Tribune Editorial: The Legislature needs to keep up with Utah’s tech industry by passing protections for female workers

(Leah Hogsten | The Salt Lake Tribune) Students watch as their handmade paper rockets are launched to learn about aerodynamics in relation to drag and thrust as they watch the rocket's trajectory at a "Rocket Science" workshop at SheTech Explorer Day for high school girls to learn and explore the world of science and math including coding, robotics, building circuits, diamond butting, artificial intelligence and virtual reality at the Mountain America Expo Center in Sandy, Wednesday, Feb. 28, 2018.

More than 2,000 teenage girls gathered in Sandy on Thursday to explore opportunities in fields related to tech at the annual SheTech Explorer Day convention.

More than 100 private-sector tech companies were on hand to explain and inspire at the massive convention, including Dealertrack, Cox Automotive, Domo, Ivanti, Adobe, Ancestry.com, AT&T, Dell EMC and Vivint Smart Home.

Those are household names in Utah. Opportunities to meet successful women who work in tech can act as a catalyst for similar success. Young women who go to college already having an interest in careers in tech and other STEM (science, technology, engineering and mathematics) fields will be more likely to join those fields after graduation.

As it is, women account for only 23.5 percent of Utah’s tech force, slightly less than the 28 percent national average.

Abbi Rogers, a student from American Fork High School who attended SheTech on Thursday, said, “I could see so many girls and women in the sciences. I felt empowered. There were people in these fields I can look up to.”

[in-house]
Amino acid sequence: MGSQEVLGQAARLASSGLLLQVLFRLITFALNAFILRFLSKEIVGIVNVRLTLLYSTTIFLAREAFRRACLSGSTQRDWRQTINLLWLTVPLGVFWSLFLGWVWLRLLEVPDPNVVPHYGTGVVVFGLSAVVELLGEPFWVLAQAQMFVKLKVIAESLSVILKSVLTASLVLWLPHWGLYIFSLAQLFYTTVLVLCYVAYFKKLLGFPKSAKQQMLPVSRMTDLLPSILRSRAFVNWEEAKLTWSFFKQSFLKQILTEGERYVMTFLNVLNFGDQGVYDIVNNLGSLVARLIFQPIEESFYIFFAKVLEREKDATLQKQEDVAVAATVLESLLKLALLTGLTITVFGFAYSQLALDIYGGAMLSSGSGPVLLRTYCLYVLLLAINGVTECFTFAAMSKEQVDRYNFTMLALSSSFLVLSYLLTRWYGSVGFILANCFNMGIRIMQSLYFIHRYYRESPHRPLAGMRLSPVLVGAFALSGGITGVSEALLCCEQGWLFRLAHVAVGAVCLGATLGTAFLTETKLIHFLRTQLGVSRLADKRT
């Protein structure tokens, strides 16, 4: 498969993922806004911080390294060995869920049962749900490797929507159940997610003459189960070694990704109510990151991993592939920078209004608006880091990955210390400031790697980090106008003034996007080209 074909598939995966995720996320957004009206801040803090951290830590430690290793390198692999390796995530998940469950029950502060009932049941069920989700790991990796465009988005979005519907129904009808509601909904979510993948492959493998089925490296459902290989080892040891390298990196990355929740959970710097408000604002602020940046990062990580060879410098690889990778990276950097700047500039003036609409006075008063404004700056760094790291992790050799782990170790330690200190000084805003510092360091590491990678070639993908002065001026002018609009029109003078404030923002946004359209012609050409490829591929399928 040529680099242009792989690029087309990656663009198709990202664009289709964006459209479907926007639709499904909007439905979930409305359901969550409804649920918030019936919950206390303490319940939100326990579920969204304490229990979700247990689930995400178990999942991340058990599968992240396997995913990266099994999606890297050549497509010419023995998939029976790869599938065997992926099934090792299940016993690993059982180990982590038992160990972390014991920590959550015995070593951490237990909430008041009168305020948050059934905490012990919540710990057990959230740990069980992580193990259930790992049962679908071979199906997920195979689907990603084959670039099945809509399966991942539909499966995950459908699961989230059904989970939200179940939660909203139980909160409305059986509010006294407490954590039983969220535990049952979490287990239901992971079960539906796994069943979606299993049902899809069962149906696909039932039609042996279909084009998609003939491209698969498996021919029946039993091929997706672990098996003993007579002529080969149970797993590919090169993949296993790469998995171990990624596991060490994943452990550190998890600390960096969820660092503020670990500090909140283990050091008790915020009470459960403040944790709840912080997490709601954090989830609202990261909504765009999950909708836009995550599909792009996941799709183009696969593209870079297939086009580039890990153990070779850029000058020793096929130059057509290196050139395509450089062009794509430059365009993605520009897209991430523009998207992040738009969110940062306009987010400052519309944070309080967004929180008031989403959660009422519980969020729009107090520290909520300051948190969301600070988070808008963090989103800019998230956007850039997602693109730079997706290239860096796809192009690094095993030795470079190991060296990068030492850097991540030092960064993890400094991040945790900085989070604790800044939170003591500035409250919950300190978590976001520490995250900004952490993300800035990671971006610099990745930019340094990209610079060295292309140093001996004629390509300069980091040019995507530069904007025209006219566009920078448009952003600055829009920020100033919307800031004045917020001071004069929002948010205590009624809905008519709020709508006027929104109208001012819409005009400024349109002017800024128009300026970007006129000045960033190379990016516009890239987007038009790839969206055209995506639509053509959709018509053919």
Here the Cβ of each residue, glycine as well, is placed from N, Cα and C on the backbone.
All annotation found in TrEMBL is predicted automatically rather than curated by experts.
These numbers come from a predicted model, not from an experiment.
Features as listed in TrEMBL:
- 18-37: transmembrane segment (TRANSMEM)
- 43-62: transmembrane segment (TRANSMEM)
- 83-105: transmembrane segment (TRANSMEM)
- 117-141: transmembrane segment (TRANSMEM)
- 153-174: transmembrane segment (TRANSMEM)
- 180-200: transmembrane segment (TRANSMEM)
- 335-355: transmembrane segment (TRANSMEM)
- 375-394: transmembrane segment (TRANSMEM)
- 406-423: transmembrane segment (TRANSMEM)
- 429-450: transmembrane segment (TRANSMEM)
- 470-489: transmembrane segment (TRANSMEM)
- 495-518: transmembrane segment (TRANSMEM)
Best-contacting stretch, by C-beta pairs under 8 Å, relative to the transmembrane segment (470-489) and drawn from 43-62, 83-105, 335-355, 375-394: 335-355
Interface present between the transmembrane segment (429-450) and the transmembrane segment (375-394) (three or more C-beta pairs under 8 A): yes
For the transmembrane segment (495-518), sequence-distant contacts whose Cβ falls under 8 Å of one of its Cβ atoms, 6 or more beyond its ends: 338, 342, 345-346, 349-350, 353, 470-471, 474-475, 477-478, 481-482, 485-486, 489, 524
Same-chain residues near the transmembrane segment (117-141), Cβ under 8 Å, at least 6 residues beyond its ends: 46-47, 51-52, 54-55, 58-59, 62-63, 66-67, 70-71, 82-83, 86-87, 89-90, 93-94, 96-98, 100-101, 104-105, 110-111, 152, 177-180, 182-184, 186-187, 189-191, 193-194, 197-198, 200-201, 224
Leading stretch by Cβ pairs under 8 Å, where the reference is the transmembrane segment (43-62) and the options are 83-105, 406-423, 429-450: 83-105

SheTech is only one program designed to attract young women to STEM field occupations. Last week the founder of Girls Who Code, Reshma Saujani, visited Utah and announced the creation of more than 50 Girls Who Code clubs across Utah.

Saujani told the young girls, “You’re being duped by a culture that tells you this subject is not for you.”

Lt. Gov. Spencer Cox sees the vision. He spoke at both events and encouraged the young women to prepare for jobs in tech. At SheTech, Cox said, “We need more women in technology, to change the world, and I believe you are the generation to do that.”

Private companies and education are on board. Now we just need the Utah Legislature. Many tech companies in Utah are small and entrepreneurial, and, for companies with fewer than 15 employees, these young women would not be protected against workplace sexual harassment or discrimination.

That’s because this week the Legislature voted against a bill that would have provided such protections, including protection against retaliation for objecting to harassment or discrimination.

Employees at companies with more than 15 employees enjoy these protections. The arbitrary cutoff of 15 employees makes little sense.

Utah’s tech industry is nationally recognized and is helping Utah emerge as a leader. We even have our own moniker, Utah’s own Silicon Valley — Silicon Slopes. We need to prepare for our young women to join these efforts, and that preparation includes ensuring they are treated equally and professionally.

The Legislature needs to modernize to keep up with Utah’s tech.

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